Animals and Inequality in the Ancient World presents new data and interpretations that reveal the role of animals, their products, and their symbolism in structuring social inequalities in the ancient world. The volume will be of interest to archaeologists, especially zooarchaeologists, and classical scholars of pre-modern civilizations and societies.
Anthropomorphizing the Cosmos explores the sociocultural significance of more than three hundred Middle Preclassic Maya figurines uncovered at the site of Nixtun-Ch'ich' on Lake Petén Itzá in northern Guatemala. In this careful, holistic, and detailed analysis of the Petén lakes figurines—hand-modeled, terracotta anthropomorphic fragments, animal figures, and musical instruments such as whistles and ocarinas—Prudence M. Rice engages with a broad swath of theory and comparative data on Maya ritual practice.
Presenting original data, Anthropomorphizing the Cosmos offers insight into the synchronous appearance of fired-clay figurines with the emergence of societal complexity in and beyond Mesoamerica. Rice situates these Preclassic Maya figurines in the broader context of Mesoamerican human figural representation, identifies possible connections between anthropomorphic figurine heads and the origins of calendrics and other writing in Mesoamerica, and examines the role of anthropomorphic figurines and zoomorphic musical instruments in Preclassic Maya ritual. The volume shows how community rituals involving the figurines helped to mitigate the uncertainties of societal transitions, including the beginnings of settled agricultural life, the emergence of social differentiation and inequalities, and the centralization of political power and decision-making in the Petén lowlands.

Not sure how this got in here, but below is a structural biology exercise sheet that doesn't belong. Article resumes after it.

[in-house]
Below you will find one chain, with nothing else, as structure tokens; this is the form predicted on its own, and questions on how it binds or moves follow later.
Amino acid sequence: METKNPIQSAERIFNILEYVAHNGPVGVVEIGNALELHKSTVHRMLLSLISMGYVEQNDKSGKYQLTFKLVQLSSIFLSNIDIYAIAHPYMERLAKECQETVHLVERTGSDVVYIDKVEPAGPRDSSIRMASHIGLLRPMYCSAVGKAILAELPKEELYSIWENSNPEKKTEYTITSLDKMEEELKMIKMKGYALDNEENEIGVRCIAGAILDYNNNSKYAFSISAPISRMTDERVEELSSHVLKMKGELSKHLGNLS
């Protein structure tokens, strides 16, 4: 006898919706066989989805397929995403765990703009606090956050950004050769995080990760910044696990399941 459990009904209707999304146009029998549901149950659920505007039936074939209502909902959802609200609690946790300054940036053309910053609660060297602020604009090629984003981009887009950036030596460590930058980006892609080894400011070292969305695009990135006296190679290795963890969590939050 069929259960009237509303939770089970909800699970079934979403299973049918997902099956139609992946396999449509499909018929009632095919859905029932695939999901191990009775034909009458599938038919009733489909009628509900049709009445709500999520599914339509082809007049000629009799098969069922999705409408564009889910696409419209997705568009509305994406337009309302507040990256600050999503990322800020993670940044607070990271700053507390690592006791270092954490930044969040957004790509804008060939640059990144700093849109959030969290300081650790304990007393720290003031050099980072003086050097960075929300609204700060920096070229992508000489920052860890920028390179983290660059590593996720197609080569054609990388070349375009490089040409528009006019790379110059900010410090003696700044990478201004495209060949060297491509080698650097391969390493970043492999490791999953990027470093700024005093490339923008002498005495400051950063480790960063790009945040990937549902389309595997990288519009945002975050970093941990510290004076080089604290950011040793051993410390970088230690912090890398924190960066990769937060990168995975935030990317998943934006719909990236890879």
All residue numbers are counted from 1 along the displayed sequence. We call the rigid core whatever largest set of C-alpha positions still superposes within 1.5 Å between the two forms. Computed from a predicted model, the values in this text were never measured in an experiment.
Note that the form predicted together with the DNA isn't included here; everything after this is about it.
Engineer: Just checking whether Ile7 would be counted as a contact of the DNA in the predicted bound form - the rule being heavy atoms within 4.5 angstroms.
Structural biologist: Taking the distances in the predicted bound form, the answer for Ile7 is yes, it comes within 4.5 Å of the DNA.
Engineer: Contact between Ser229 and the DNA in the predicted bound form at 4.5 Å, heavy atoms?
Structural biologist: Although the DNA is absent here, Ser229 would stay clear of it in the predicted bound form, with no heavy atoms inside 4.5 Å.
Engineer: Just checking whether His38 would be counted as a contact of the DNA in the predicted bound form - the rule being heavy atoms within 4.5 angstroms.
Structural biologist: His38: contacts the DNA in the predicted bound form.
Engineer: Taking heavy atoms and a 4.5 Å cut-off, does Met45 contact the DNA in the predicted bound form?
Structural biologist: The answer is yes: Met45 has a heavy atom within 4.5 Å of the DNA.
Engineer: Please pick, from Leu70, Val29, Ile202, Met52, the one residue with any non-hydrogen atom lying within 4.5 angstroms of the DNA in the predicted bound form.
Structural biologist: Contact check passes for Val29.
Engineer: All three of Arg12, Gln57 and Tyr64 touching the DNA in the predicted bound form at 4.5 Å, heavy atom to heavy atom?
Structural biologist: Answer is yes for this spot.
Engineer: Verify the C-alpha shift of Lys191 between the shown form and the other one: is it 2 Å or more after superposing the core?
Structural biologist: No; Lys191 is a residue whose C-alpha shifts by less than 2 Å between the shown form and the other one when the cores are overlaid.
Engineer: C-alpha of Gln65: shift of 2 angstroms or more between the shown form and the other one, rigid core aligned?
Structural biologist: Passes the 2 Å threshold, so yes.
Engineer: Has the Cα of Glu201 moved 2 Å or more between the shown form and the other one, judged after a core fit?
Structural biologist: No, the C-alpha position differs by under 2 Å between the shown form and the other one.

Literature on Maya ritual, cosmology, and specialized artifacts has traditionally focused on the Classic period, with little research centering on the very beginnings of Maya sociopolitical organization and ideological beliefs in the Middle Preclassic. Anthropomorphizing the Cosmos is a welcome contribution to the understanding of the earliest Maya and will be significant to Mayanists and Mesoamericanists as well as nonspecialists with interest in these early figurines